We categorise numbers as even and odd. The number is even if it is divisible by 2, or else it is odd. Odd numbers are integers that do not appear in the table of two (2).
For example: 1,7,13,19,....
We have explained it in detail, also further, you will learn about the different types and properties of the odd numbers. All these materials are available to download; all you have to do is sign up with your mail id or phone number.
Types of Odd Numbers
Composite Odd Numbers
An odd number except 1 is a composite unless it is a prime number. For example, 9 is an odd number and has a divisor.
Consecutive Odd Numbers
It is nothing but the sequential order of the odd numbers. For example, 1,3,5,7,9…
Properties of Odd Numbers
Odd + Odd = Even
When two odd numbers are added their sum is an even number. For example,
Here, 1 and 3 are odd numbers but their sum is 4 which is an even number.
Odd - Odd = Even
When an odd number is subtracted from another odd number, the result is an even number. For example,
Here 7,3 , and 1 are odd numbers, and the result is an even number.
Odd x Odd = Odd
The product of two odd numbers is always an odd number. For example,
Here, 5 and 3 are the odd numbers, and the products too are odd numbers.
Odd / Odd = Odd
The division of two odd numbers always results in an odd number. For example,
Here the 5,3 , and 15 are the odd numbers and the result of their division result will also be an odd number.
The key features of an odd number are as follows.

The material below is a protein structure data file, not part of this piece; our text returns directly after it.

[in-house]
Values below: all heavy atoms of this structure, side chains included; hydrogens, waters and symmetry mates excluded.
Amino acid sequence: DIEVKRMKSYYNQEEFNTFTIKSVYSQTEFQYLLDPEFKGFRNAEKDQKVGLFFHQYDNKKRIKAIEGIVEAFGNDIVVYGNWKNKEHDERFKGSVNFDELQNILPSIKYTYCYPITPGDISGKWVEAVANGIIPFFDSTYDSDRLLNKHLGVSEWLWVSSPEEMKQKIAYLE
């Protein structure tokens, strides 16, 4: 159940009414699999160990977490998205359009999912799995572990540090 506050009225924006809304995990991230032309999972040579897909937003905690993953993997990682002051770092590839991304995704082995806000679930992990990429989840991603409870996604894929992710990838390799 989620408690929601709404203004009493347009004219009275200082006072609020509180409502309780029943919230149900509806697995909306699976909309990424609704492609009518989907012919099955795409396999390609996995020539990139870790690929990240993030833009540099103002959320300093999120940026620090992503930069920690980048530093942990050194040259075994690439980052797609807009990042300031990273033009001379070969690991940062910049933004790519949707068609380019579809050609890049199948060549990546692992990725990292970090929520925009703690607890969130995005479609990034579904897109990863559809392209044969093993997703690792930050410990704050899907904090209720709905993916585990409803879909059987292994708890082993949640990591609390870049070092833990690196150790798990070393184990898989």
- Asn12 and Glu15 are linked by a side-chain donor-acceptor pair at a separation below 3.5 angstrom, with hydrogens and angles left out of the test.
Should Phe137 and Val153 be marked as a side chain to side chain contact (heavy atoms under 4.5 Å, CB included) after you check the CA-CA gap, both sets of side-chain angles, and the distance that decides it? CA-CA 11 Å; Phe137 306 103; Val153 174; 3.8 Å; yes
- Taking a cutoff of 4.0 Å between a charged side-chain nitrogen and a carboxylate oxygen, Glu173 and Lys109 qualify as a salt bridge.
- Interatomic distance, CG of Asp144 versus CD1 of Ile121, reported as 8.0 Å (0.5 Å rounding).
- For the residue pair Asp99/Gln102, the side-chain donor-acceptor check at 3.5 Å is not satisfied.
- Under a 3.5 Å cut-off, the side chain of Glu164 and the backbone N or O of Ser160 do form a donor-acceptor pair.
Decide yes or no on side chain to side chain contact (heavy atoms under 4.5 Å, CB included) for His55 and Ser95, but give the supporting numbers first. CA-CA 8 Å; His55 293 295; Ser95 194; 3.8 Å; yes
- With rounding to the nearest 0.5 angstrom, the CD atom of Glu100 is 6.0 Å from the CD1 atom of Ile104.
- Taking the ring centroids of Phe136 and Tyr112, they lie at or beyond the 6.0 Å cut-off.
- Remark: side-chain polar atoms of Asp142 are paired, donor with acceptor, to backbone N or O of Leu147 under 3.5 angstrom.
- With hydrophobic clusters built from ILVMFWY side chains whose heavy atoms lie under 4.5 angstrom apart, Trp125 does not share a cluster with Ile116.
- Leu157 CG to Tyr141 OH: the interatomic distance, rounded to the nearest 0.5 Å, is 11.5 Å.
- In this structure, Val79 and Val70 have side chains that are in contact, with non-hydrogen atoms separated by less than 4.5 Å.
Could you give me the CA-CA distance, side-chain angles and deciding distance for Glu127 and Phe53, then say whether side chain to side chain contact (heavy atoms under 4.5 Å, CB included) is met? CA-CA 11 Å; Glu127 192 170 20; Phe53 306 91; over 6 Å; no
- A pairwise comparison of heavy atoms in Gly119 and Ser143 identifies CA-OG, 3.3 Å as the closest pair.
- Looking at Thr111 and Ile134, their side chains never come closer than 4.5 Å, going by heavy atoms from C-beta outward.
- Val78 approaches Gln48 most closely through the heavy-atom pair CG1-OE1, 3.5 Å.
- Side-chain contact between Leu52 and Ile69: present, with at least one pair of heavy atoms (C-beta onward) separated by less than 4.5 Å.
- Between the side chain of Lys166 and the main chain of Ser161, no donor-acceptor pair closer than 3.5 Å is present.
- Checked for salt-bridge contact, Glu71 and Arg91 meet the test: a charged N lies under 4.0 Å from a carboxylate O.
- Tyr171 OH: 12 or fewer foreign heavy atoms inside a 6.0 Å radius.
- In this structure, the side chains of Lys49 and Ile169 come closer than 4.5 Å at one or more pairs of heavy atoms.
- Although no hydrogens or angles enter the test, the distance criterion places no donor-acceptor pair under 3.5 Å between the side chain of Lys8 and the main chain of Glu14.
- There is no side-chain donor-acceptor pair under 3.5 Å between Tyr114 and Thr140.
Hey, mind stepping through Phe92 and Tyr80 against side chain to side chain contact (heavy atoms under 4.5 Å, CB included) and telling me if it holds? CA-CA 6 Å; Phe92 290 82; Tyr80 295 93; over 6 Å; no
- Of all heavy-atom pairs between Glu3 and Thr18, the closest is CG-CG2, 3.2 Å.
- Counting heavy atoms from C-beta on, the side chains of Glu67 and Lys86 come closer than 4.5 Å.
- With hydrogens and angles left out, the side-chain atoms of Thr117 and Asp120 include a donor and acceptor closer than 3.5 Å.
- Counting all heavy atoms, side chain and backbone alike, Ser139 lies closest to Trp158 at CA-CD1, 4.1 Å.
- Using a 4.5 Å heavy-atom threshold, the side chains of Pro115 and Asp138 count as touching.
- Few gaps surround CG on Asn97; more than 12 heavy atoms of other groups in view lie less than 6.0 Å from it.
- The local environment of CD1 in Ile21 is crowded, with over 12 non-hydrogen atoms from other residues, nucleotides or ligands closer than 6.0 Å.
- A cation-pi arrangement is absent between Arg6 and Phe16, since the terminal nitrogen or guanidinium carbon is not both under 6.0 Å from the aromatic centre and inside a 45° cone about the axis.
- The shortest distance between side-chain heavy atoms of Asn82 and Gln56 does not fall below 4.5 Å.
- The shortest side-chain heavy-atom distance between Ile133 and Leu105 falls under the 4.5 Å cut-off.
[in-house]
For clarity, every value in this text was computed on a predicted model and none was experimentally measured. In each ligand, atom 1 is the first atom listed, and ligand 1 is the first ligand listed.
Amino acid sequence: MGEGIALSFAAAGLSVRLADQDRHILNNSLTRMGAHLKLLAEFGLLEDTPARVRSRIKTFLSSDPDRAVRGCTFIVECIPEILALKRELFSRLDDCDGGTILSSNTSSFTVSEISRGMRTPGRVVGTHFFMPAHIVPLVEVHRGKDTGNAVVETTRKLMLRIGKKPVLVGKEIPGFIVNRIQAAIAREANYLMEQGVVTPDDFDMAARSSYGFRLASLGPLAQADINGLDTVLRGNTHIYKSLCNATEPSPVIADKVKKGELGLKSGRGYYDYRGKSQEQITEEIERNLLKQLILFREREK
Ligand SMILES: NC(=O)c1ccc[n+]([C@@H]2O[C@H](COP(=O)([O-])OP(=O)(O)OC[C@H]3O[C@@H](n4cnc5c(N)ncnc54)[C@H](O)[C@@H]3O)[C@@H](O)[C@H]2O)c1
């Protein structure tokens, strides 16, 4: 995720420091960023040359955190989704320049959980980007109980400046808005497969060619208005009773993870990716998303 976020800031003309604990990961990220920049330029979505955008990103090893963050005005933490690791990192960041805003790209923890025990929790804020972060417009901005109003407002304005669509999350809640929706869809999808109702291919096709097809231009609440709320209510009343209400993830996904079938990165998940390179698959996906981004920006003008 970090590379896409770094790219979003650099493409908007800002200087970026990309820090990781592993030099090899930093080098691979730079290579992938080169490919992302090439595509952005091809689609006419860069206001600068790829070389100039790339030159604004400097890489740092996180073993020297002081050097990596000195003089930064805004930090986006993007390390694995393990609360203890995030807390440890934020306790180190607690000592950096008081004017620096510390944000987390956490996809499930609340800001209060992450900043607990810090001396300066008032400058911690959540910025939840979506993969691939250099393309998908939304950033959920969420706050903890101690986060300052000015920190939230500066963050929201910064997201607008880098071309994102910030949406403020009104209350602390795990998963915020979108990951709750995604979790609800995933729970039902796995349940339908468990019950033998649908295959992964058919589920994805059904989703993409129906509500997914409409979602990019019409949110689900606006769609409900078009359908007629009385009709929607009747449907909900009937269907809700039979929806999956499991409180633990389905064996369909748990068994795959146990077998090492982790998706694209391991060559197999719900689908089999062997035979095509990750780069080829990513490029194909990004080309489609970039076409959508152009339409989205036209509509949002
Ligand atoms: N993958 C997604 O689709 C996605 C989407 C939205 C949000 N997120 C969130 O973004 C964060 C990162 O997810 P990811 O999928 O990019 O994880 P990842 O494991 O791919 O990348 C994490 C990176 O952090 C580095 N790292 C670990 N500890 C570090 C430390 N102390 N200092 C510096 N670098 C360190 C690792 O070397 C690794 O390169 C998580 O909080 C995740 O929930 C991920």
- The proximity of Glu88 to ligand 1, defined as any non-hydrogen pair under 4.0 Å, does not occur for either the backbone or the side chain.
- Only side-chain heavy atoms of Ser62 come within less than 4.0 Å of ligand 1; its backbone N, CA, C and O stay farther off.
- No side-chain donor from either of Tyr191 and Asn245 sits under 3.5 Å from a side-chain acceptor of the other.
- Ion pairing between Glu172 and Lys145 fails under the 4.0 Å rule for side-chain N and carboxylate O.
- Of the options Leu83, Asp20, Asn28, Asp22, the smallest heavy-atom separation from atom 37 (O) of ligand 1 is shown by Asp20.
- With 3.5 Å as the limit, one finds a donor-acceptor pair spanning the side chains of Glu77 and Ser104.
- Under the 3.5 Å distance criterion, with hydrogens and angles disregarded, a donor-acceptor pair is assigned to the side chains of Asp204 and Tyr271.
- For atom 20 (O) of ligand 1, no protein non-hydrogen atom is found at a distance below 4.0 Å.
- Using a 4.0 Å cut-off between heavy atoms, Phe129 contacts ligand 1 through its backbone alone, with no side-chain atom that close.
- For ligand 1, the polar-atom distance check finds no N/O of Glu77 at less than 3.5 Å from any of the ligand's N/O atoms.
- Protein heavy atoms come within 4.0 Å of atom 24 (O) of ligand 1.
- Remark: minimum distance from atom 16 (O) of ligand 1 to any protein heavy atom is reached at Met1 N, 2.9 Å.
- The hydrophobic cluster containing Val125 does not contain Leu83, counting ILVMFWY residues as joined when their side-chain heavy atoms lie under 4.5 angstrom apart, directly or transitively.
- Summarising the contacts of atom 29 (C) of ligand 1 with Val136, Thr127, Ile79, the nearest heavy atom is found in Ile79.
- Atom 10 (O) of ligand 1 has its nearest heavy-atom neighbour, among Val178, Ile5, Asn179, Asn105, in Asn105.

When we divide odd numbers by 2 the remainder should always be 1 .
1 is the first positive odd number in the number line.
Odd numbers are one of the fundamental topics in maths and many concepts and formulas are based on odd numbers. It is always advisable to pay utmost attention to the concept of odd numbers to make sure there are no chances of making silly mistakes in the examination. The topic may seem easy, but the properties and formulas related to it cannot be taken lightly. To score well in your exams, make sure to solve as many problems on odd numbers as possible.
FAQs on What are Odd Numbers?
1. Why is zero not an odd number?
An odd number is nothing but that which gives you a remainder 1, after getting divided by 2. When you divide zero (0) by 2, you don’t get one (1) as a reminder it is zero (0). So, according to the said rule, it is easy and clear to say that zero is an even number.
2. Do I need to learn the different properties of the odd numbers?
Yes, it is necessary to learn the different properties of odd numbers. There are only four properties to remember that you will use intensively. Below you read the properties of odd numbers:
When you add an odd number to another odd number, a result is always an even number.
E.g., 3 + 3 = 6
When you subtract an odd number to another odd number, a result is always an even number.
E.g., 9 - 5 = 4
When you multiply two odd numbers, the result is always an odd number.
E.g., 5 x 5 = 25
When you divide two odd numbers, the result is always an odd number.
E.g., 9 / 3 = 3
3. Does Vedantu provide solutions to each question?
Vedantu provides you with solutions to previous year papers, NCERTs textbook questions and exemplar problems. Our experts have crafted these solutions or answers after a thorough study of the syllabus. The experts have explained each question brilliantly according to the CBSE marking pattern. You can download the solution to any question or exercise from the NCERT maths textbook. To download, all you have to remember is to sign up with your valid email id. Solve as many questions as possible on our website to ace your examination.
4. What is the general form of the odd numbers?
2n+1 is the general form of the odd numbers in which ‘n’ is the natural number. You can put any natural value in it, and you will get an odd number. We explain you a lot more than the general form of the odd number. You can learn with us from home, no need to go anywhere to find satisfactory tuition; our experts have provided all the required resources to complete your preparation. All you have to do is select your class to start your maths preparation.